Gabon signed the Mine Ban Treaty on 3 December 1997 but has not yet ratified. There is not thought to be any specific reason for this beyond the normal time for tabling the relevant legislation.(532) Diplomats see Gabon as favoring the treaty as a means of "portraying itself as a Central African island of stability" in an otherwise highly destabilized region.(533) Gabon is not mine-affected.(534) It supported the Ottawa Process by endorsing the Brussels Declaration, attending key meetings including the Oslo negotiations and by supporting the 1996 and 1997 UN General Assembly resolutions. Gabon is not known to be a producer or exporter of antipersonnel mines. Gabon is believed to be in the process of destroying some of its AP mine stockpile.(535)


The Gambia signed the Mine Ban Treaty on 4 December 1997. So far, it has not ratified the legislation although ratification is in process, according to government officials.(536) Gambia participated in just one of the meetings of the Ottawa Process, did not endorse the pro-treaty Brussels Declaration, and did not attend the treaty negotiations. However, it voted in favor of the 1996 UN General Assembly resolution calling for an international agreement banning AP mines. Gambia is not known to have produced or exported antipersonnel mines. The government states that the Gambia possesses no stockpile of landmines, and objects to media reports in the Senegalese press stating otherwise. (537)

Gambia is one of the Africa's smallest states, and except for the Atlantic on the west is surrounded by Senegal. In 1982, Gambia merged with Senegal to form a confederation, Senegambia, but relations deteriorated and Senegambia was dissolved in 1989. No landmine incidents have been recorded on Gambian territory but Gambia's security situation has almost certainly been occasionally compromised by its proximity to Senegal's southern province of Casamance, where conflict between separatists and the Senegalese armed forces has led to the widespread use of AP and AT mines (see Senegal report).(538)

Senegalese diplomats suspected that Gambian territory was being used as a rearbase by rebel elements in 1992, shortly before landmines made their appearance in Casamance.(539) However, more recently, Gambian offers to mediate in the conflict have been welcomed by Senegalese representatives, suggesting a decrease in Senegalese anxiety on this point.(540)


Ghana signed the Mine Ban Treaty on 4 December 1997, but has yet to ratify it. A top Ghanaian Army officer who was involved in the Oslo treaty negotiations has explained that there was no political reason for holding up ratification and he believes that parliamentary time will be allocated for ratification before the end of 1999.(541)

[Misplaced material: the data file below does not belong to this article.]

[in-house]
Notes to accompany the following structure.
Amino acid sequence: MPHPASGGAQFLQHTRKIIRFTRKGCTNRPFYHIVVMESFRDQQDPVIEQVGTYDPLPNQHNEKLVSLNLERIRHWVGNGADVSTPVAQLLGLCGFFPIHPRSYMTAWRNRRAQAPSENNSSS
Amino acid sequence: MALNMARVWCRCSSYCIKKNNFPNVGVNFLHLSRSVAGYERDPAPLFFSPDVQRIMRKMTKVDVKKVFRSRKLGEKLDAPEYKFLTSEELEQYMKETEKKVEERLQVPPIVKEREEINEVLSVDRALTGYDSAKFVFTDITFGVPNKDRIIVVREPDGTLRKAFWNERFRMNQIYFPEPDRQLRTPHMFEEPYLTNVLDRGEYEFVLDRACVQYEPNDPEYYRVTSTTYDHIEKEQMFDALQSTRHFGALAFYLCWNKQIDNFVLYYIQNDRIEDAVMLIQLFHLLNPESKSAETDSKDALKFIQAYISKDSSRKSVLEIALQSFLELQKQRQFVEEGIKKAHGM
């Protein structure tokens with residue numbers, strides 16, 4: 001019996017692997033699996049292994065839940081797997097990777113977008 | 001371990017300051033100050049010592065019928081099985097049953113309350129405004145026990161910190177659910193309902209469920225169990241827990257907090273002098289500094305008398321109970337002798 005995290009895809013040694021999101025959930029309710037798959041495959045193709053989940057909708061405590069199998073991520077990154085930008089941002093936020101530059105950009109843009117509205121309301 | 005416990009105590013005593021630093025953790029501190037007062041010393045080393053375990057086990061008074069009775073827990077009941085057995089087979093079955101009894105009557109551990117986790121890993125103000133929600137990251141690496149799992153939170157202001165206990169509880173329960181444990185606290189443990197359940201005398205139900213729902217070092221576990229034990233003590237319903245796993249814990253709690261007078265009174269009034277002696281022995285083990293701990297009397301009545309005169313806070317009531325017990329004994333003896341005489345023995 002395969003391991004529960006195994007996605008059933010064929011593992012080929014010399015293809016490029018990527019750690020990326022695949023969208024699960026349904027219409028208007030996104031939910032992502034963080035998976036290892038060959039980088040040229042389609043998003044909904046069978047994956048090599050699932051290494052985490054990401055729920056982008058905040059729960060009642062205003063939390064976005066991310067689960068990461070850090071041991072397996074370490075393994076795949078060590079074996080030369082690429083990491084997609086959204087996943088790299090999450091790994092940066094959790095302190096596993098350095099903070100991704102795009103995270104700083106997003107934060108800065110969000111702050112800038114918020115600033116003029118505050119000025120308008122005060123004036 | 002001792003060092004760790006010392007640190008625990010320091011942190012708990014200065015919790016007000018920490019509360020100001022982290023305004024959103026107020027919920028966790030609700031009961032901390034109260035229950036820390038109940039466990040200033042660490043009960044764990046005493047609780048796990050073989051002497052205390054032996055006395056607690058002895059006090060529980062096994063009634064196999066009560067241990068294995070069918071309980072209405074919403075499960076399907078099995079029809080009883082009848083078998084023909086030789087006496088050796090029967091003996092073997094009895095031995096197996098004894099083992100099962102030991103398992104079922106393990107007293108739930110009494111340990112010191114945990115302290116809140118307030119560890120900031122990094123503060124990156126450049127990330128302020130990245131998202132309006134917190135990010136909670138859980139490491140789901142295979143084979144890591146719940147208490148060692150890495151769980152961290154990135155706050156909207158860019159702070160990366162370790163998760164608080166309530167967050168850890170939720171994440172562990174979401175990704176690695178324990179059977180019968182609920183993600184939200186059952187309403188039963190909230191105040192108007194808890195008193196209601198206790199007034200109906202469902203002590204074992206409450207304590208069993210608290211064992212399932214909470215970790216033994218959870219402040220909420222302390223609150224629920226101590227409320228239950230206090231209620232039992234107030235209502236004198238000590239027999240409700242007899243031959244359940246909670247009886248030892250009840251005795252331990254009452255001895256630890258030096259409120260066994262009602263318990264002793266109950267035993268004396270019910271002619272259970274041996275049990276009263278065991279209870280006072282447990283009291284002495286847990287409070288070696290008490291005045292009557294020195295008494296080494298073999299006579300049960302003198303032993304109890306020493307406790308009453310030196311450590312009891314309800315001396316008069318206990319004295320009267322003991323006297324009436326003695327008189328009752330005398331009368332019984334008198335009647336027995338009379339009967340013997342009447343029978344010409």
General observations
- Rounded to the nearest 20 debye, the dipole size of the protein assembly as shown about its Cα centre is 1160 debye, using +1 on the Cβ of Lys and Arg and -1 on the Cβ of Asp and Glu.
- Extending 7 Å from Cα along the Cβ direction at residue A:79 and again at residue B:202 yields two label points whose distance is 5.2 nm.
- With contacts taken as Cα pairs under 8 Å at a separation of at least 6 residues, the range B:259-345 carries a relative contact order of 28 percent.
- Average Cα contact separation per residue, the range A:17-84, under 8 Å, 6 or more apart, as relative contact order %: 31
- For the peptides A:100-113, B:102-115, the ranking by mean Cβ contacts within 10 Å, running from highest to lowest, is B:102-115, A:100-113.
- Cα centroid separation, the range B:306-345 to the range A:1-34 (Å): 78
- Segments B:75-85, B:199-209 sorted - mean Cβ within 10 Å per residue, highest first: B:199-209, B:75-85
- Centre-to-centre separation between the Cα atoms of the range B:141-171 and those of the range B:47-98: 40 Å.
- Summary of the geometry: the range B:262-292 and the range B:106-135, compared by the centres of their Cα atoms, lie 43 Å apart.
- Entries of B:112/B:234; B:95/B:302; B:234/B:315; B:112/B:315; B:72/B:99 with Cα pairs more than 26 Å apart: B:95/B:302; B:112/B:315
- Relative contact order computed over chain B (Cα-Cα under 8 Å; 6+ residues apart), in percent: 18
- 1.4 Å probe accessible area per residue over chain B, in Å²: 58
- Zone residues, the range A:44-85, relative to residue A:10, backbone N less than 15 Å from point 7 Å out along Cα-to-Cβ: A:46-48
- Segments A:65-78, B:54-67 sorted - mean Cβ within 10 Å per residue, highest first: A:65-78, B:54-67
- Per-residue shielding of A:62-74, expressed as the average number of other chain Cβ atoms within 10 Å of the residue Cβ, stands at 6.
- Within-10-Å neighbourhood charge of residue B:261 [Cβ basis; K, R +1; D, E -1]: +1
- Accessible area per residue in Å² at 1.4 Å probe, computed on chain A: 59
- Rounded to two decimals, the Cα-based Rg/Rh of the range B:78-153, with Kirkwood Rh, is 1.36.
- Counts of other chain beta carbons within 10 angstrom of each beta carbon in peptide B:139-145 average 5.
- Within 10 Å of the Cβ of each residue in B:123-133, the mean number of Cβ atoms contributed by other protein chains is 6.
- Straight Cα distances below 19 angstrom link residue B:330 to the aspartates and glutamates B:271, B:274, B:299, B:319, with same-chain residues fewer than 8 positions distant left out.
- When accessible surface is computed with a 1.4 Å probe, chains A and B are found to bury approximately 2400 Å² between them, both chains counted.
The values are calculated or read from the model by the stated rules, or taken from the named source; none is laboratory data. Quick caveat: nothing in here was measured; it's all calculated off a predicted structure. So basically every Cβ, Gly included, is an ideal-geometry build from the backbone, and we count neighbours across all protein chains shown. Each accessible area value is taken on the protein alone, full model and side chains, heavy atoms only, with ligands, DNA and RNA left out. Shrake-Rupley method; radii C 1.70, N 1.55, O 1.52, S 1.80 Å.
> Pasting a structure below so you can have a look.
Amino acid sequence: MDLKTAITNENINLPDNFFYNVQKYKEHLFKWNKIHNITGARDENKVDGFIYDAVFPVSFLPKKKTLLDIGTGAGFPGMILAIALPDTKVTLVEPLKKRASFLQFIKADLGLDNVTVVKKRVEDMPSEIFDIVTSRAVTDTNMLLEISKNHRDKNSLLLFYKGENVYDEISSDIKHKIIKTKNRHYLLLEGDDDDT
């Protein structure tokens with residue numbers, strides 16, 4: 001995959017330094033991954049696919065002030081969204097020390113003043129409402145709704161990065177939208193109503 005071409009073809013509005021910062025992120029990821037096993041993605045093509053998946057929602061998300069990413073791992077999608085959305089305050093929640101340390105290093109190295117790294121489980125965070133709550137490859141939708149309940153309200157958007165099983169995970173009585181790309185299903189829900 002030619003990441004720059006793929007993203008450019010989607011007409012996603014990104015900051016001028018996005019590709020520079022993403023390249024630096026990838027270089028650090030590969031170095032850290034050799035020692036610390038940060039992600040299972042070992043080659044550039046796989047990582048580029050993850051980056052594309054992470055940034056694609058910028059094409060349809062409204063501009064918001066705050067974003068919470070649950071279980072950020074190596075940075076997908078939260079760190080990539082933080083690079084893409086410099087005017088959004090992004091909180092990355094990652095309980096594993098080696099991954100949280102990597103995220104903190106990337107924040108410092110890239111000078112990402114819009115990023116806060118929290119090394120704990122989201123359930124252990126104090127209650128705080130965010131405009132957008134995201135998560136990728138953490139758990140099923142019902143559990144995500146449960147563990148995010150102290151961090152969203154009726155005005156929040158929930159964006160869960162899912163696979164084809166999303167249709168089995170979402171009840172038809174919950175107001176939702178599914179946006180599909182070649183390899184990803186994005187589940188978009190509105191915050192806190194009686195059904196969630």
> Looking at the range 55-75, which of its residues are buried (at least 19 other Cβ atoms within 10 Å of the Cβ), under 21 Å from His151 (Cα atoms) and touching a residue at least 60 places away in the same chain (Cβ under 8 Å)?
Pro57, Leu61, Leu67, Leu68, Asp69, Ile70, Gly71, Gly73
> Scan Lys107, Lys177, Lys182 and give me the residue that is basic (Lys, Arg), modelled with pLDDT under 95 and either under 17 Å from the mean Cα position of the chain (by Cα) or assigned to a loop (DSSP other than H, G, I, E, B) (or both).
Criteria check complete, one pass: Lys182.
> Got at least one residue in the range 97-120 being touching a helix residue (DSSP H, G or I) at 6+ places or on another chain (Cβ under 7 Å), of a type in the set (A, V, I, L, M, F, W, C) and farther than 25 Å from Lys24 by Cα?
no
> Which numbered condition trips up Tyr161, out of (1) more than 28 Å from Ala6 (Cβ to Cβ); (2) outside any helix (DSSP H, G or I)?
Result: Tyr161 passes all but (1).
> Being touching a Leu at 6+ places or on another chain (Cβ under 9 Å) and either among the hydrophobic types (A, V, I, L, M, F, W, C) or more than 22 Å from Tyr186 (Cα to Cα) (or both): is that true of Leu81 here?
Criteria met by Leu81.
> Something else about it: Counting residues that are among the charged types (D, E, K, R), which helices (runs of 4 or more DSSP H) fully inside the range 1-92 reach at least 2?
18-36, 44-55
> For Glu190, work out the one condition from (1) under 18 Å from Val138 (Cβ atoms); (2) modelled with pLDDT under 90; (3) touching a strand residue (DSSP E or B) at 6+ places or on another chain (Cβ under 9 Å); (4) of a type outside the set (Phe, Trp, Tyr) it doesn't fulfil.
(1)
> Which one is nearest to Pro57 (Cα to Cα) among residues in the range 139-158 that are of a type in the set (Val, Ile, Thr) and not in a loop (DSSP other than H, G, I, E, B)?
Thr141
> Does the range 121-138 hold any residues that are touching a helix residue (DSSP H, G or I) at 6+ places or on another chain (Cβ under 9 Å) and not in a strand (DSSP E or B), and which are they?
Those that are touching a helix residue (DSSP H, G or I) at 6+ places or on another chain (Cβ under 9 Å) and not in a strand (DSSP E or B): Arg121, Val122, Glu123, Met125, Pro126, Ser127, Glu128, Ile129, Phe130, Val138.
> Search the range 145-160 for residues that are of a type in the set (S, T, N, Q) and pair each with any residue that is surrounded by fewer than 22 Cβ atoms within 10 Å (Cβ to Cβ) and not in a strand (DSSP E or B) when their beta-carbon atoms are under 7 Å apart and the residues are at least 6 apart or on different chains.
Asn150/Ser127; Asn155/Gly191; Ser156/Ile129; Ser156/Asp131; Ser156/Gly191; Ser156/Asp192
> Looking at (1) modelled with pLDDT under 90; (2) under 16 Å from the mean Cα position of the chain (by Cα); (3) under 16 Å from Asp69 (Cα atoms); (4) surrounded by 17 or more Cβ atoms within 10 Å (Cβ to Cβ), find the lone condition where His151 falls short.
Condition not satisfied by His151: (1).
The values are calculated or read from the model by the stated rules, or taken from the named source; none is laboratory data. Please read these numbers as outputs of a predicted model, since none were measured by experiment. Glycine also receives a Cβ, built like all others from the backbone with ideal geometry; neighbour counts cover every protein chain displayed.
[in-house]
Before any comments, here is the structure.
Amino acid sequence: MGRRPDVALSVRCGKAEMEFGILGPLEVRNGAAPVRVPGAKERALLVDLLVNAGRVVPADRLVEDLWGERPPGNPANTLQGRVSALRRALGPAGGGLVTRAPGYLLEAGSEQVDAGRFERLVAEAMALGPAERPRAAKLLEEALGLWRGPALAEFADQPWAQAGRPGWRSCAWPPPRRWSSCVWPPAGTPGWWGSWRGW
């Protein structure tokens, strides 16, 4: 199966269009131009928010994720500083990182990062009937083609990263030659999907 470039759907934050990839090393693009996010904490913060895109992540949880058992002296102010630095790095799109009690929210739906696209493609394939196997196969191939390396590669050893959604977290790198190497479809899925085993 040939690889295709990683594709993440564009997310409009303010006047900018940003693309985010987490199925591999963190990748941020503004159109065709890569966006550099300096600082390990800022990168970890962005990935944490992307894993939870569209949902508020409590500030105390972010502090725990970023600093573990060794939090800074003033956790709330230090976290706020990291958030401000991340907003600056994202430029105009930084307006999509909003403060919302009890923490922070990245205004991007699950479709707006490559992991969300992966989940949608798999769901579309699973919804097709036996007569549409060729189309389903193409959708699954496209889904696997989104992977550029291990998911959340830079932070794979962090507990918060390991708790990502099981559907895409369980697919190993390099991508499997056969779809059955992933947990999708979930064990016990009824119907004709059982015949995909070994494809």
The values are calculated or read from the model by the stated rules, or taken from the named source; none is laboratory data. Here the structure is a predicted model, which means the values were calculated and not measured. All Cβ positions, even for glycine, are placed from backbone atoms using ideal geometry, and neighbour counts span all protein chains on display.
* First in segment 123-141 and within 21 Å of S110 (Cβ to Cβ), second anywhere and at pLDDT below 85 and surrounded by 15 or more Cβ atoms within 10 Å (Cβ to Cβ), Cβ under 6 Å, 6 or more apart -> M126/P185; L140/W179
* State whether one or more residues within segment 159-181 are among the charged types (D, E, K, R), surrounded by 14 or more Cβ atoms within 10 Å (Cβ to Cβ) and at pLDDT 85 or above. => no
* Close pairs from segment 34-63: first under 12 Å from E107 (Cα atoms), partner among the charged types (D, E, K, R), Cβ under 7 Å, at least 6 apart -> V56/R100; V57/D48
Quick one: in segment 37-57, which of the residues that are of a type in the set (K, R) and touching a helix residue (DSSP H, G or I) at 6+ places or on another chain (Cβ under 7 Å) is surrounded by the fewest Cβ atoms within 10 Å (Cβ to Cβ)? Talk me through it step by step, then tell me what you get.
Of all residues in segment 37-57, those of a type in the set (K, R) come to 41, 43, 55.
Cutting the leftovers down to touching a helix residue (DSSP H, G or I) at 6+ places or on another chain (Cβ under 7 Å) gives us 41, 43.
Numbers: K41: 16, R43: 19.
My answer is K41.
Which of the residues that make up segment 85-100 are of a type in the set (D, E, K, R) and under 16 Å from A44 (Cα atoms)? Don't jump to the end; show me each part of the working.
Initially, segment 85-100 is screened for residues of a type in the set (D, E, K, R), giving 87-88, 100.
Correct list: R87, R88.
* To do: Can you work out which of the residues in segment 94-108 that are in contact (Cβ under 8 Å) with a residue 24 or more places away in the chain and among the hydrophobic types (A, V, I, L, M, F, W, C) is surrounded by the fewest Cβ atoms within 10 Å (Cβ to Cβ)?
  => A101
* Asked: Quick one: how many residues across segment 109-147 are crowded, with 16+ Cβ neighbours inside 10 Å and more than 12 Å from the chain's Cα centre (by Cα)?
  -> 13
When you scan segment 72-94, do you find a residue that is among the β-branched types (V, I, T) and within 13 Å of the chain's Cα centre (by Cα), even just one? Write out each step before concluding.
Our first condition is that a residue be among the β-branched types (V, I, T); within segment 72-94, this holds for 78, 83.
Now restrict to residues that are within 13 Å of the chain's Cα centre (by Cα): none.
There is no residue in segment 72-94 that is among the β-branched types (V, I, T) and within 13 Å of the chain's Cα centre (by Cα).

Ghana supported the Ottawa Process by endorsing the Brussels declaration, attending the Oslo treaty negotiations as a full participant and by supporting key resolutions on landmines in both the UN General Assembly and the Organization of African Unity. The All African Students Union and the non-governmental Green Earth Organisation lobbied the government on landmine issues and participate in the International Campaign to Ban Landmines.

Ghana has not produced or exported antipersonnel mines. The Ghanaian Armed Forces do not stockpile AP mines.(542) Ghana serves in ECOMOG, whose forces have used mines in the past; the implications of this for a treaty signatory need to be explored.



Since the opening for signing of the Mine Ban Treaty in December 1997, there have been several cases of new or renewed mine use in the world. Guinea-Bissau is one case of new use. The conflict erupted on 7 June 1998 when Guinea-Bissau President João Bernardo Viera sacked then Army Chief-of-Staff Ansumane Mane for supposedly covertly supplying arms to separatist rebels in the Cassamance region of southern Senegal. News reports claim that landmines, which have been used in the Cassamance conflict, were included in the suspected arms shipments.(543) Mane quickly rallied almost the entire Guinea-Bissau army into a self-proclaimed Military Junta and called for President Viera's removal on charges of corruption and mismanagement. With almost no forces to defend his regime, Viera called on the neighboring countries of Senegal and Guinea-Conakry to send troops to hold off the advancing Junta, which both countries quickly did.

The conflict then involved not just one signatory to the Mine Ban Treaty, but three: Guinea-Bissau, Senegal and Guinea-Conakry. Evidence indicates that landmines were used by the government, by Senegalese forces and by the Junta since fighting broke out. Use of antipersonnel mines has been reported by the United Nations, the commander of ECOMOG forces, the chief of staff of Guinean forces in Guinea-Bissau, and by the media and other on-the-ground observers of the conflict.

In the midst of the conflict, two of the countries--Senegal, on 24 September 1998, and Guinea-Conakry, on 8 October 1998--ratified the Mine Ban Treaty. Though the Mine Ban Treaty had not entered into force for Senegal or Guinea-Bissau (which has still not ratified), the use of mines by a signatory can be judged a breach of its international obligations. Under Article 18 of the Vienna Convention on the Law of Treaties, "a state is obliged to refrain from acts which would defeat the purpose of a treaty has signed the treaty." Clearly, new use of mines defeats the purpose of the treaty.

Mine Ban Policy

Guinea-Bissau signed the Mine Ban Treaty in Ottawa on 3 December 1997, although it had been absent through most of the Ottawa Process. The government participated as an observer in the Brussels Conference in June 1997 but it did not endorse the Brussels Declaration. It also supported United Nations General Assembly Resolutions calling for a ban on landmines in 1996 and 1997, but was absent for the vote on a similar resolution in 1998. Guinea-Bissau has yet to ratify the Mine Ban Treaty.

Production, Transfer, Stockpiling